Phys. Ther. Korea 2020; 27(2): 155-161
Published online May 20, 2020
© Korean Research Society of Physical Therapy
1Department of Physical Therapy, Chapman University, Irvine, CA, USA, 2Injury Prevention and Biomechanics Laboratory, Department of
Physical Therapy, Yonsei University, Wonju, Korea
This is an Open Access article distributed under the terms of the Creative Commons Attribution Non-Commercial License (http://creativecommons.org/licenses/by-nc/4.0)which permits unrestricted non-commercial use, distribution, and reproduction in any medium, provided the original work is properly cited.
Background: The consequences of falls are often debilitating, and prevention is important. In theory, the lower the center of mass (COM), the greater postural stability during standing, and a weight belt at the waist level may help to lower the COM and improve the standing balance.
Objects: We examined how the limit of stability (LOS) was affected by the lowered center of mass with the weight belt.
Methods: Twenty healthy individuals participated in the LOS test. After calculating each participant’s COM, a weight belt was fastened ten centimeters below the COM. Trials were acquired with five weight belt conditions: 0%, 2%, 4%, 6%, and 8% of body weight. Outcome measures included reaction time, movement velocity, endpoint excursion, maximum excursion, and directional control in 4 cardinal moving directions.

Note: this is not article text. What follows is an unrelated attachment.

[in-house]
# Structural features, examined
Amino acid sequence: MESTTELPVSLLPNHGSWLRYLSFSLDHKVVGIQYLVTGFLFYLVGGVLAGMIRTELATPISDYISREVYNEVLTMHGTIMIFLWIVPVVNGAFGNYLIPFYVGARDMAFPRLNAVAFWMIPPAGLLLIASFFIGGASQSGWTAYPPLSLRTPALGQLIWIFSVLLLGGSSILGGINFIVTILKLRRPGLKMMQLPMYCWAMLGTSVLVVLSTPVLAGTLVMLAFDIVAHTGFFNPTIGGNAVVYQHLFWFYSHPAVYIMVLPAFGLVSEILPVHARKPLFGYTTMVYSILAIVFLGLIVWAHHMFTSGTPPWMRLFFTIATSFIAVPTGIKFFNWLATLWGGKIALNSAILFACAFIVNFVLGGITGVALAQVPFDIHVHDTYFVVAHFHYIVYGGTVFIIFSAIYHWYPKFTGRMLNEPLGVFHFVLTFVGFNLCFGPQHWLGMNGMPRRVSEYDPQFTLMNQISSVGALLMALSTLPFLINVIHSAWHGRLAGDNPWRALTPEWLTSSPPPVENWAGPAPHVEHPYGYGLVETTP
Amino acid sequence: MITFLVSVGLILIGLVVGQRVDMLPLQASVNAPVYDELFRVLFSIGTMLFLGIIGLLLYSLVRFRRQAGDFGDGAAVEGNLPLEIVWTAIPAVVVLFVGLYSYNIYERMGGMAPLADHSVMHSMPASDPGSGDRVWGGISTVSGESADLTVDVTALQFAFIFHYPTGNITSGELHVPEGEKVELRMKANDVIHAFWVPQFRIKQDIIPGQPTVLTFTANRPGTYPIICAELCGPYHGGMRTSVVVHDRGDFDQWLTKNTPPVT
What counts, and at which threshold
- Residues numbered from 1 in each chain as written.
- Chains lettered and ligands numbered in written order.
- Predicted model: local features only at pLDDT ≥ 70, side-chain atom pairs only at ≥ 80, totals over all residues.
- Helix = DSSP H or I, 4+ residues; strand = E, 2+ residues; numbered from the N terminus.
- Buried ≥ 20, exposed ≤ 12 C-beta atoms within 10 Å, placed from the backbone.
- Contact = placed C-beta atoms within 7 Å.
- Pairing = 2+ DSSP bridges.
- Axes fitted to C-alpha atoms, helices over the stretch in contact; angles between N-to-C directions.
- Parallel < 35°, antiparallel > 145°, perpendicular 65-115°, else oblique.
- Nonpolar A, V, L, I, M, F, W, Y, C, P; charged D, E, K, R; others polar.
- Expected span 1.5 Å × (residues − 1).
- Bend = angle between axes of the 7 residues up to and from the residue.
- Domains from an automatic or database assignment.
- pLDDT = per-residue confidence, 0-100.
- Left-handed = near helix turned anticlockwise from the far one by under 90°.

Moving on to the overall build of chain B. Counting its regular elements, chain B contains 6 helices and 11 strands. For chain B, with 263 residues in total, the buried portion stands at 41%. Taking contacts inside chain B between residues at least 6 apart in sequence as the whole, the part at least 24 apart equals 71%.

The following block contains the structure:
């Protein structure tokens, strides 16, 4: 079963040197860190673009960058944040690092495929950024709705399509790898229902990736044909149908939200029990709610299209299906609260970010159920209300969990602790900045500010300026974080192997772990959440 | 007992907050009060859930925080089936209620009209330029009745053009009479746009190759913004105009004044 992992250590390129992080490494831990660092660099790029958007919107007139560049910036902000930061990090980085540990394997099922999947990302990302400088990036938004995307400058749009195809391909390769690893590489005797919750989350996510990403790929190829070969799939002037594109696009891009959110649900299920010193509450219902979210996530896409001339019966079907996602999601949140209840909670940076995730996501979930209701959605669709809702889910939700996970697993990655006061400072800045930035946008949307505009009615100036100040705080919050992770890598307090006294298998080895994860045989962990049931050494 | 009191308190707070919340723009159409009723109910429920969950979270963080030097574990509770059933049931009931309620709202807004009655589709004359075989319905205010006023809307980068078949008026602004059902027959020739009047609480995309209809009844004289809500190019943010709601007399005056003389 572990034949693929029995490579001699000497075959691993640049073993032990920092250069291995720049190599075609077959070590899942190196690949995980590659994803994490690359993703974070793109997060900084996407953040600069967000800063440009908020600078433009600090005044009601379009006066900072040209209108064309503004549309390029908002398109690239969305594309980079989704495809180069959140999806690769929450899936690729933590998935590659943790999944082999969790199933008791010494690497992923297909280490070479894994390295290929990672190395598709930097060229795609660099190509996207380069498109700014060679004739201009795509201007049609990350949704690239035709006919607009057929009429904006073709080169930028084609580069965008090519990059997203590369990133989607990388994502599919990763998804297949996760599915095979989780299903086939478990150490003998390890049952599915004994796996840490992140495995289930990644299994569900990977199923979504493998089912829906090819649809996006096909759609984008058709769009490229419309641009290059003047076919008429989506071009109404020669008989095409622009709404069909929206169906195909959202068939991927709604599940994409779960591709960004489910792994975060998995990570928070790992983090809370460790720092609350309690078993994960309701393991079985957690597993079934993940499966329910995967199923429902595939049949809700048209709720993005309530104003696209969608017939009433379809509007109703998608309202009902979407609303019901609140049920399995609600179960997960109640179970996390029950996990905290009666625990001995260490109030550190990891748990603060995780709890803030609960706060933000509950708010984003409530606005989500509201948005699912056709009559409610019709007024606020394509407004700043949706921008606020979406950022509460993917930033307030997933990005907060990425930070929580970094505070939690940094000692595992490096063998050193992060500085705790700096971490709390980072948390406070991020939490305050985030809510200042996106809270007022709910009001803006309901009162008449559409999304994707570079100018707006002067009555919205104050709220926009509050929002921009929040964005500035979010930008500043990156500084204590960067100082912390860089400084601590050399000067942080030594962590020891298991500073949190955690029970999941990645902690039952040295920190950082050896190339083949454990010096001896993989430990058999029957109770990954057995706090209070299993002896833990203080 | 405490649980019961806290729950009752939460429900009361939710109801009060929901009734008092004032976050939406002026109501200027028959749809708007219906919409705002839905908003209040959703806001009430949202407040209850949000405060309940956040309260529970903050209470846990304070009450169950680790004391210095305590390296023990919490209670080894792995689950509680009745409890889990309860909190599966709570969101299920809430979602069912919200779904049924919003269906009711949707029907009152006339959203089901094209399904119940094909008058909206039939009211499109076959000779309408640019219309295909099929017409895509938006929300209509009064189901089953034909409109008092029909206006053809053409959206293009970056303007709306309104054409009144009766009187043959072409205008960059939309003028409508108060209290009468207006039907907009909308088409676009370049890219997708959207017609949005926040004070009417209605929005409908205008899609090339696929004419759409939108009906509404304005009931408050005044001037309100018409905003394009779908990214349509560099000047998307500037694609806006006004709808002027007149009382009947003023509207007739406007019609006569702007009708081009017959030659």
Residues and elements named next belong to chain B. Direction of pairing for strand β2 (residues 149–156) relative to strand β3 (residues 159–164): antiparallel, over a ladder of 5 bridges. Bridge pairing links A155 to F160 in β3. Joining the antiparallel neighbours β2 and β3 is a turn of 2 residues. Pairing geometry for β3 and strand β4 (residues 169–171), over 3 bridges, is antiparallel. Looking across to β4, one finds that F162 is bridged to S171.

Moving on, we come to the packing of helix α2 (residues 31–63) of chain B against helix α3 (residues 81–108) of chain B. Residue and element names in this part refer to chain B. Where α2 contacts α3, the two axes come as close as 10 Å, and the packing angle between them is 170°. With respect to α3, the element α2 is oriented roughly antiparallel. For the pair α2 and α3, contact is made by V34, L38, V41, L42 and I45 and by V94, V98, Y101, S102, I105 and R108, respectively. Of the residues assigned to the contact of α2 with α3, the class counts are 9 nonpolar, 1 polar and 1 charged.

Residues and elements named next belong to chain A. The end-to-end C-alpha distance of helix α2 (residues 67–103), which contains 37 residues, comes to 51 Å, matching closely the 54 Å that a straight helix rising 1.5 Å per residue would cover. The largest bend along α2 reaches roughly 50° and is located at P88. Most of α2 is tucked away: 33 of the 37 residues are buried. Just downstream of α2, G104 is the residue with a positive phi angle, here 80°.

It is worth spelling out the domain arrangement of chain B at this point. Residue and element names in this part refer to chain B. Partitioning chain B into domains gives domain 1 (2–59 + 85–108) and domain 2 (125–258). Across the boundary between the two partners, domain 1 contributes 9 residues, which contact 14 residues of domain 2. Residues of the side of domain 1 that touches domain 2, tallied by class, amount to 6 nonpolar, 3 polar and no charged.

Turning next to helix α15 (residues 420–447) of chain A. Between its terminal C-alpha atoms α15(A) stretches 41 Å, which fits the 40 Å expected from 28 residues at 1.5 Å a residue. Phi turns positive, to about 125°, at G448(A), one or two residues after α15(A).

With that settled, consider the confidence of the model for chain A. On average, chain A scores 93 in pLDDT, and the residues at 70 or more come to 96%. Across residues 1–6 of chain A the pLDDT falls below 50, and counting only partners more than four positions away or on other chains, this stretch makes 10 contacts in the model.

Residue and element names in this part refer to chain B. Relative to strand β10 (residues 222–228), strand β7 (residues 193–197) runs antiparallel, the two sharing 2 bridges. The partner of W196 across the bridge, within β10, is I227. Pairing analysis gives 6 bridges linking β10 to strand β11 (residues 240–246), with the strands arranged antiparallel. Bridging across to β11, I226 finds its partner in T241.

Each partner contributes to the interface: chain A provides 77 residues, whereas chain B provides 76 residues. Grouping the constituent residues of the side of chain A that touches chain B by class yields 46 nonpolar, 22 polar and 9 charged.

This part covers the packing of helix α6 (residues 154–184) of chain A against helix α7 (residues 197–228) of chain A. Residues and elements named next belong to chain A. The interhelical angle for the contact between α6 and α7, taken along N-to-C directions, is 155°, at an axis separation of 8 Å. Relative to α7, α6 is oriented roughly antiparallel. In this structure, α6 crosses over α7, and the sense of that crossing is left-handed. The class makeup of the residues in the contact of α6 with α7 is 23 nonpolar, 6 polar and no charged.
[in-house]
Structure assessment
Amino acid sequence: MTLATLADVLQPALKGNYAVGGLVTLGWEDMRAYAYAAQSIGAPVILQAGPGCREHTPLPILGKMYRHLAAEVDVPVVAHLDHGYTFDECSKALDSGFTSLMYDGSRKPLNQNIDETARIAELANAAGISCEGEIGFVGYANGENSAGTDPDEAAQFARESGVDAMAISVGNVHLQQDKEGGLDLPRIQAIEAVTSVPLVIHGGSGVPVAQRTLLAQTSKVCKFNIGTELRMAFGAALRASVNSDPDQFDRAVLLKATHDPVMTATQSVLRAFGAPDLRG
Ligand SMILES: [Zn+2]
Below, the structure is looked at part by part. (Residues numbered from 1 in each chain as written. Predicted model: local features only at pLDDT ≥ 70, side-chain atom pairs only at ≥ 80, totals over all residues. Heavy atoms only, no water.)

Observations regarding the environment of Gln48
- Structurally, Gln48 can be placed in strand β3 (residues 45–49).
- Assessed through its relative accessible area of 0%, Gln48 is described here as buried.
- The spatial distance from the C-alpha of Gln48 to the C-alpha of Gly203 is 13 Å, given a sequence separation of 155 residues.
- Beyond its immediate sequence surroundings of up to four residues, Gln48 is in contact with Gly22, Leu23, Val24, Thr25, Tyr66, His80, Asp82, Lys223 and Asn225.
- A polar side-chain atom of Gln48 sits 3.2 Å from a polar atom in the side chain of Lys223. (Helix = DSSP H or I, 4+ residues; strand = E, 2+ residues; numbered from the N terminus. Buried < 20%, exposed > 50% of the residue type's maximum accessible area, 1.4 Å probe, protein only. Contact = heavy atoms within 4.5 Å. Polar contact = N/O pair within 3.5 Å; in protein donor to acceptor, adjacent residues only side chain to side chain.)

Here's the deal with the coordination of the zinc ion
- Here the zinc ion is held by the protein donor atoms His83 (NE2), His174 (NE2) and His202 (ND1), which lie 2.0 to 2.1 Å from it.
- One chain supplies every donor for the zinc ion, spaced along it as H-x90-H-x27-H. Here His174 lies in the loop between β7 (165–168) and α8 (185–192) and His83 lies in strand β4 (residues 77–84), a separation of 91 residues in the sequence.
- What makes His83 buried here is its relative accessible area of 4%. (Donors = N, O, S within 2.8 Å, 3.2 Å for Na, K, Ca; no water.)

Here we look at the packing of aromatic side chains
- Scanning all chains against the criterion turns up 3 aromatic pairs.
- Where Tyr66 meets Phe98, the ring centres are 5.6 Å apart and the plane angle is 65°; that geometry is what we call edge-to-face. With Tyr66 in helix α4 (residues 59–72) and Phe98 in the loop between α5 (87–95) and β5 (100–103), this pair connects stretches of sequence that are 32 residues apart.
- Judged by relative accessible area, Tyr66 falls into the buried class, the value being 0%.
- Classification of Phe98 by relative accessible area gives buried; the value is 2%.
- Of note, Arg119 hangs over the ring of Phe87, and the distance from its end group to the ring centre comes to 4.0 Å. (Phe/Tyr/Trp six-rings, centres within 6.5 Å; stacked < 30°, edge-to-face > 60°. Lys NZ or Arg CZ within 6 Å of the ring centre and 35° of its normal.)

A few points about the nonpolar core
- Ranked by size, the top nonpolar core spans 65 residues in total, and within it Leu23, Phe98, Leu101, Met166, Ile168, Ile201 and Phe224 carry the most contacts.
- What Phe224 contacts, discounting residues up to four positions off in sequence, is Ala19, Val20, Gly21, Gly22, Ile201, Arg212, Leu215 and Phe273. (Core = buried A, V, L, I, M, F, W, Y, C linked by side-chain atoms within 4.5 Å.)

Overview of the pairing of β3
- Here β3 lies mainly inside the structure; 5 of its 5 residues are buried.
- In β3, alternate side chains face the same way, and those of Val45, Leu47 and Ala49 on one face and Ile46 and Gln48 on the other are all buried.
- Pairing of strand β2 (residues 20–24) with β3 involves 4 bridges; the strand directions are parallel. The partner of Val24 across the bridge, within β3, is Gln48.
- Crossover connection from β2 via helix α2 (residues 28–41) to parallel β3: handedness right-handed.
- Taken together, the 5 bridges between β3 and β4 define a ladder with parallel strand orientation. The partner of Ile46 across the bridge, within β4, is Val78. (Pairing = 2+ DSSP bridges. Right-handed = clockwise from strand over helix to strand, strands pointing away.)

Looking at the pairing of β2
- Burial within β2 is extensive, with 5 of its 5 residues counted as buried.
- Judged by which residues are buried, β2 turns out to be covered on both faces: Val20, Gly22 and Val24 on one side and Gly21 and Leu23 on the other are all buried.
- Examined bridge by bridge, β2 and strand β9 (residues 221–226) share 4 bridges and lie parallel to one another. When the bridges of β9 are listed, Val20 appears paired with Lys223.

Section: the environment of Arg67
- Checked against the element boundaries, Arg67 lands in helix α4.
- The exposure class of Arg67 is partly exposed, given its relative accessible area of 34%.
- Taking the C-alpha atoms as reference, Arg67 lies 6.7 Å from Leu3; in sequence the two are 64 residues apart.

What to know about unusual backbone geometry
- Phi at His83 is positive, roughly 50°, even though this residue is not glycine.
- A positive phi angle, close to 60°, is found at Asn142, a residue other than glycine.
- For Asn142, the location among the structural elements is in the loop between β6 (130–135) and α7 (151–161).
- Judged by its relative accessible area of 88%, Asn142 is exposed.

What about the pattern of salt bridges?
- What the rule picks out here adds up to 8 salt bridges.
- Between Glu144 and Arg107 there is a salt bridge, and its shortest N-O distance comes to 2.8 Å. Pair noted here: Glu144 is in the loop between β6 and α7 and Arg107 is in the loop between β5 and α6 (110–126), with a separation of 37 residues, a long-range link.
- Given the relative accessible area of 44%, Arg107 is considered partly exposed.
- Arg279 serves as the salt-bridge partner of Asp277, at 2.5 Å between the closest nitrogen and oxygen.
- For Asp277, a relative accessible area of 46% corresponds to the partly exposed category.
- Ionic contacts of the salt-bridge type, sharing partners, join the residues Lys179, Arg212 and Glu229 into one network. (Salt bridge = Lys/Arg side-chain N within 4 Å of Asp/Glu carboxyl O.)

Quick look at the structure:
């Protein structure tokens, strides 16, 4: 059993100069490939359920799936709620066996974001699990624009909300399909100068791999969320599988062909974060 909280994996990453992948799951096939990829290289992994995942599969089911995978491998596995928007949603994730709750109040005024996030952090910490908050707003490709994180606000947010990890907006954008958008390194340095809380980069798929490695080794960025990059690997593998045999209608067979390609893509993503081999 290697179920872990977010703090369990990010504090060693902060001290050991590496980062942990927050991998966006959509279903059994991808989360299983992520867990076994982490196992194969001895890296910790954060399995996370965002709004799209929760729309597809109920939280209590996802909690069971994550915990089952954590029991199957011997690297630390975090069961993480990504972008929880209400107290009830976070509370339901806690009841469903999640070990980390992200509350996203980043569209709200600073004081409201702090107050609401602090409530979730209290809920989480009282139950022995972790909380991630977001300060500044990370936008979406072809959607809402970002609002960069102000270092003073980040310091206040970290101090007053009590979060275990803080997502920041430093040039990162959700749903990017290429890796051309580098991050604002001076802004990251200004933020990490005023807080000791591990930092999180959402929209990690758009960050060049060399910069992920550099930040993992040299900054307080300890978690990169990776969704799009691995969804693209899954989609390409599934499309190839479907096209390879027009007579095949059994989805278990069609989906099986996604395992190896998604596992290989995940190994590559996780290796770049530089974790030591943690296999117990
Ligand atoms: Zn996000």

Results: None of our outcome variables were associated with a weight belt (p > 0.075), but all of them were associated with moving direction (p < 0.01). On average, movement velocity of the COM and maximum excursion were 31% and 18% greater, respectively, in mediolateral than anteroposterior direction (5.4°/s vs. 4.1°/s; 97.5% vs. 82.6%).
Conclusion: Our results suggest that postural stability was not affected by the weightinduced lowered COM, informing the development and improvement of balance training strategies.
Keywords: Balance, Center of mass, Limit of stability, Weight belt